the darkest part of the forest

Monday, December 15, 2014 |
I spent a large portion of this year’s Book Expo America standing in lines.  It was my sister’s first time, and she wanted to meet Jason Segel and Jane Lynch and other ‘high profile’ authors whose lines stretched (or seemed to stretch) into oblivion.  That meant that I had a lot of quality time to chat with friends.  One of those friends, Emma from Miss Print, said she had an extra copy of Holly Black’s forthcoming fairy book. Intrigued, I asked if it was a standalone (I’m so weary of series!). She responded in the affirmative.  It was a done deal.  So when The Darkest Part of the Forest arrived at my house, I read it in one marathon session, staying up late into the night and savoring the enchantment that is a Holly Black book.  Oh yes, it’s good.

the darkest part of the forest by holly black book cover
Children can have a cruel, absolute sense of justice. Children can kill a monster and feel quite proud of themselves. A girl can look at her brother and believe they’re destined to be a knight and a bard who battle evil. She can believe she’s found the thing she’s been made for.

Hazel lives with her brother, Ben, in the strange town of Fairfold where humans and fae exist side by side. The faeries’ seemingly harmless magic attracts tourists, but Hazel knows how dangerous they can be, and she knows how to stop them. Or she did, once.

At the center of it all, there is a glass coffin in the woods. It rests right on the ground and in it sleeps a boy with horns on his head and ears as pointed as knives. Hazel and Ben were both in love with him as children. The boy has slept there for generations, never waking.

Until one day, he does…

As the world turns upside down, Hazel tries to remember her years pretending to be a knight. But swept up in new love, shifting loyalties, and the fresh sting of betrayal, will it be enough?

Fairfold is a tiny town tucked away in a forest, where the locals live alongside the Folk… and (mostly) aren’t troubled by the fact.  Tourists disappear every year though – that’s part of the bargain.  Hazel and Ben grew up in Fairfold, and except for a few years away in Philadelphia they have lived their entire lives there.  Fairfold, with its horned prince lying in a glass casket in the woods, with its acknowledged fairy changeling, and with the strange mix of dread, denial and dreaming that lies thick over everything. When Hazel begins to find sinister messages and ‘lose’ bits of time, she believes her idyll is running out.  For Hazel, even though she knew the consequences, once made a bargain…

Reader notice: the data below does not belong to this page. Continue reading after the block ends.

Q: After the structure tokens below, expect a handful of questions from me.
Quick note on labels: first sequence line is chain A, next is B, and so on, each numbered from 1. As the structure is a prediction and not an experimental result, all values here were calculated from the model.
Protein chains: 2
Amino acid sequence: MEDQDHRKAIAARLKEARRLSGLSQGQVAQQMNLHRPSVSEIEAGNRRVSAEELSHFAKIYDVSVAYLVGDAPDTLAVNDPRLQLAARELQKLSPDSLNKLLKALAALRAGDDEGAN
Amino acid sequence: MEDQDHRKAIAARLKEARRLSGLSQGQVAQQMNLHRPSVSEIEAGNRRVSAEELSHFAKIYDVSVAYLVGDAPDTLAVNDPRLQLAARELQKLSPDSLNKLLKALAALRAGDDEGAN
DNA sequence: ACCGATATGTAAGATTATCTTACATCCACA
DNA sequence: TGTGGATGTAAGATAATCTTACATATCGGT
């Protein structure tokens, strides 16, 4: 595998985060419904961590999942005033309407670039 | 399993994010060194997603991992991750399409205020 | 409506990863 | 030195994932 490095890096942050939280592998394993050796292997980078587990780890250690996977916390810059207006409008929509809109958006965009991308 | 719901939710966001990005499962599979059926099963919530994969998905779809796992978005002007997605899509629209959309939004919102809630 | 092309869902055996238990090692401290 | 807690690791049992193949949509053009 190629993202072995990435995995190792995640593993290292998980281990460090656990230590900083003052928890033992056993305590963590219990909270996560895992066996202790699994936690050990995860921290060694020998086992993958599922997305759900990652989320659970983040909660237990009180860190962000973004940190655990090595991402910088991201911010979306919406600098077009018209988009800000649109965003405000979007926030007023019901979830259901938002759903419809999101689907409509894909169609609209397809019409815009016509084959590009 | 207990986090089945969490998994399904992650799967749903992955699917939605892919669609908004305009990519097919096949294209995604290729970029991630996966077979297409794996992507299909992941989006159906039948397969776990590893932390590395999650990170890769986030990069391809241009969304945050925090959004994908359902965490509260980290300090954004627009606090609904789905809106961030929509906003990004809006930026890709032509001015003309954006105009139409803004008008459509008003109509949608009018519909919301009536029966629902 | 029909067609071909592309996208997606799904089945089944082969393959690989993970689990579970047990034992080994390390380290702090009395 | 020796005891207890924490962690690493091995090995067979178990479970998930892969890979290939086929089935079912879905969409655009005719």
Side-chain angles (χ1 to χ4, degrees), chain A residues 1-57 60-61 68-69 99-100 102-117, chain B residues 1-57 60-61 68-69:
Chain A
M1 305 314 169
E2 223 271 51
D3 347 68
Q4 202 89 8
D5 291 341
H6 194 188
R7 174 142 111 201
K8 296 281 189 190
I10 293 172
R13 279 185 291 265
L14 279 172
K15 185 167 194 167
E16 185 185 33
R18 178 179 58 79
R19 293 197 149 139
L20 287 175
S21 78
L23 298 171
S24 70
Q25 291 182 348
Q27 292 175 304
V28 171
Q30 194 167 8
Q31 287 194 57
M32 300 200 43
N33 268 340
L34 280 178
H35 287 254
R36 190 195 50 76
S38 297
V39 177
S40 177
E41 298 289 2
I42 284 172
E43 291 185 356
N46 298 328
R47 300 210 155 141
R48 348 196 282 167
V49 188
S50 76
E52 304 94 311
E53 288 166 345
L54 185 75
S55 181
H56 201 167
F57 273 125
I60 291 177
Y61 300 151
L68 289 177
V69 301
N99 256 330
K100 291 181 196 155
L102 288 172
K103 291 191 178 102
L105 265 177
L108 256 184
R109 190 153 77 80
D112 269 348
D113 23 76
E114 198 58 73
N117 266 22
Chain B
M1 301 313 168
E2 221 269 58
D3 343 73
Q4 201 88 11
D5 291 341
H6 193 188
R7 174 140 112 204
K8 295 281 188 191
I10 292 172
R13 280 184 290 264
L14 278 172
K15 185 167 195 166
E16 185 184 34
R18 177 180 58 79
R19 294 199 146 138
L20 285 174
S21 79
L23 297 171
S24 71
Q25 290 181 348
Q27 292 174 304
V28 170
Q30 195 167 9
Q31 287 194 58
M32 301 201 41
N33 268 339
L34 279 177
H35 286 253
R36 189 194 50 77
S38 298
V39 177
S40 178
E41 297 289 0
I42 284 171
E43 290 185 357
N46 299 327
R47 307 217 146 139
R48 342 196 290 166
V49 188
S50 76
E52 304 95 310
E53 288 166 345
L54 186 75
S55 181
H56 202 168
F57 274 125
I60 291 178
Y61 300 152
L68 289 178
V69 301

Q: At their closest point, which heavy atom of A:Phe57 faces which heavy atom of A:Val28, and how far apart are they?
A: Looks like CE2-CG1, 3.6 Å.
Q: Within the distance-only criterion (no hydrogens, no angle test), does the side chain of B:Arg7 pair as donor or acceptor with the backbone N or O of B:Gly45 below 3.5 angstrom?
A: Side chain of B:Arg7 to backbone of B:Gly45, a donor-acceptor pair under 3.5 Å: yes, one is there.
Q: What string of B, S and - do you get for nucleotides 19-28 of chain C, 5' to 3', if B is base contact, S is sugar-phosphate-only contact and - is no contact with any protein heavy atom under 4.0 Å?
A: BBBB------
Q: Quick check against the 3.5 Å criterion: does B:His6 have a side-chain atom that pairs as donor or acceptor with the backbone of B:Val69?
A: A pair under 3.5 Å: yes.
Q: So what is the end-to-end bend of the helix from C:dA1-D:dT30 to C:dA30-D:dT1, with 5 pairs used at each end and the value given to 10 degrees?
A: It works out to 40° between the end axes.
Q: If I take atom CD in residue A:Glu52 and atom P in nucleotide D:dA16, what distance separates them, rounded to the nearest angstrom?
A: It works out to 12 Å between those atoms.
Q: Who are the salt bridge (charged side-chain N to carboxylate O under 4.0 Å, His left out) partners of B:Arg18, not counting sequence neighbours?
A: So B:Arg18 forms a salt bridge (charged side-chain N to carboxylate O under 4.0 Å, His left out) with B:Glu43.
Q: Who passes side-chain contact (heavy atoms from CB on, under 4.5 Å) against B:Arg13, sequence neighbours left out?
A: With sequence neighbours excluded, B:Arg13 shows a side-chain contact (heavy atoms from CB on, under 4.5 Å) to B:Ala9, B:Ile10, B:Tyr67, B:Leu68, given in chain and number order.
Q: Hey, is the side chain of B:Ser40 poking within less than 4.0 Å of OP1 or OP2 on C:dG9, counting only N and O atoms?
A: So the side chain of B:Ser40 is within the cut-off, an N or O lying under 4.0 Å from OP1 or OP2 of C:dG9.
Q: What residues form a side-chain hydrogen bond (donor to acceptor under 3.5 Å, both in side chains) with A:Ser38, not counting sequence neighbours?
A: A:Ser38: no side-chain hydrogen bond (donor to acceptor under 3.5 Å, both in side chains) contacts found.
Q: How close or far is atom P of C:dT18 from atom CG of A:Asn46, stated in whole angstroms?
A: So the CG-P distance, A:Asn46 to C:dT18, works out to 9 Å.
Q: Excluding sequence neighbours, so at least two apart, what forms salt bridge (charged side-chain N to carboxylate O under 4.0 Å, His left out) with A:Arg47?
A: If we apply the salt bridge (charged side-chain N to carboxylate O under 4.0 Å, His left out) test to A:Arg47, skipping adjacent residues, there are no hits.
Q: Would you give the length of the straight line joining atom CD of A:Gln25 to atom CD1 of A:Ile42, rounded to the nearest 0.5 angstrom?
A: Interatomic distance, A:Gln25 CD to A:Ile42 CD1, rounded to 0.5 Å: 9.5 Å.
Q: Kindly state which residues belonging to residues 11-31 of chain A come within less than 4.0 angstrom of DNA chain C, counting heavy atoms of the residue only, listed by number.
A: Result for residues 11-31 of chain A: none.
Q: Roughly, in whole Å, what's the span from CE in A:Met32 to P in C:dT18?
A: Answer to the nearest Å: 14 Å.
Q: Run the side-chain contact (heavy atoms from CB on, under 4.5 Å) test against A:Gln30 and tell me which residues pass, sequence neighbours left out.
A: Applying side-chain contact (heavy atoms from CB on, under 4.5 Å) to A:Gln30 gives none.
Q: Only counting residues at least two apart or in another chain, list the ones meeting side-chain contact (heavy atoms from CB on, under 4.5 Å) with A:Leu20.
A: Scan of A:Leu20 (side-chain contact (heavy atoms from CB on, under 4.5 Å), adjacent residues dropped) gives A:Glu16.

Hazel lives like there’s no tomorrow, in part because she doesn’t believe she has (or deserves) one. Her fear and numerous falsehoods are tied up together, but she cares for her brother deeply, and desperately needs crusade, a reason to save others – even if she can’t save herself.  She kisses boys she doesn’t like to distract herself from the other bad decisions she’s made.  She’s outwardly strong, and always, always fights for what is right.  Hazel works to forget the things she doesn’t want to remember, and carries her secrets, doubts and sorrows close to her chest.  She’s both strong and fragile, complicated and not, full of guilt and self-loathing, while wishing (or often not letting herself wish) for good things.

In a way, her brother Ben sees some of these troubles – and sometimes he misses them completely.  He’s a fish out of water himself – gay in a small town, gifted in music through a fairy touch, and counting down the days until he can find something different.  Ben has chosen to fight his Folk-entwined fate, and he’s in love with the fairy prince in the casket.  Ben and Hazel’s friend Jack, the only changeling in Fairfold, sees more than Ben, but he has his own reasons.  And all of them are twined together by love, secrecy, and power.

What is this story about?  It’s got the typical Black twistiness and it’s unnerving and strange, like an otherworldly fairy people would be.  At the same time, it’s about justice, sibling love/rivalry, about the dreams that make it seem worth it to sacrifice your life.  Black asks (through her beautiful prose): What are you willing to sacrifice, and who are you willing to sacrifice it for?  What changes when love comes into the picture?  How do you deal with a society entirely ‘other?’  The answers are chilling, honest, and hopeful by turns.

Oh, and yes, there’s kissing.  And diverse characters.  And a mystery that unravels like a con.  My only complaint, as it were, is that the ending ties up a bit too neatly (I’m one of those few who prefer a loose end or two).  However, I read a very early advanced reading copy, so there’s a chance things will change.  I should note that the conclusion did not in any way affect my enjoyment of the book. I thought it was a delicious read: all dark and dangerous.  Black’s writing is (as always) addictive, vibrant, and delightful.

Recommended for: fans of Charles de Lint, Emma Bull and Sarah Rees Brennan, and anyone who likes young adult fantasy and fairy stories, the darker the better.

The Darkest Part of the Forest will be released by Little, Brown Books for Young Readers (Hachette) on January 13, 2015.

Fine print: I read an ARC version of this book that I received from a book-reviewing friend.  I did not receive any compensation for this post.

1 comment:

Jenny @ Reading the End said...

Welp, this sounds excellent! I was already excited for it, and now I am even more so. The Coldest Girl in Coldtown was one of my favorite books last year. It made me really excited about Holly Black.

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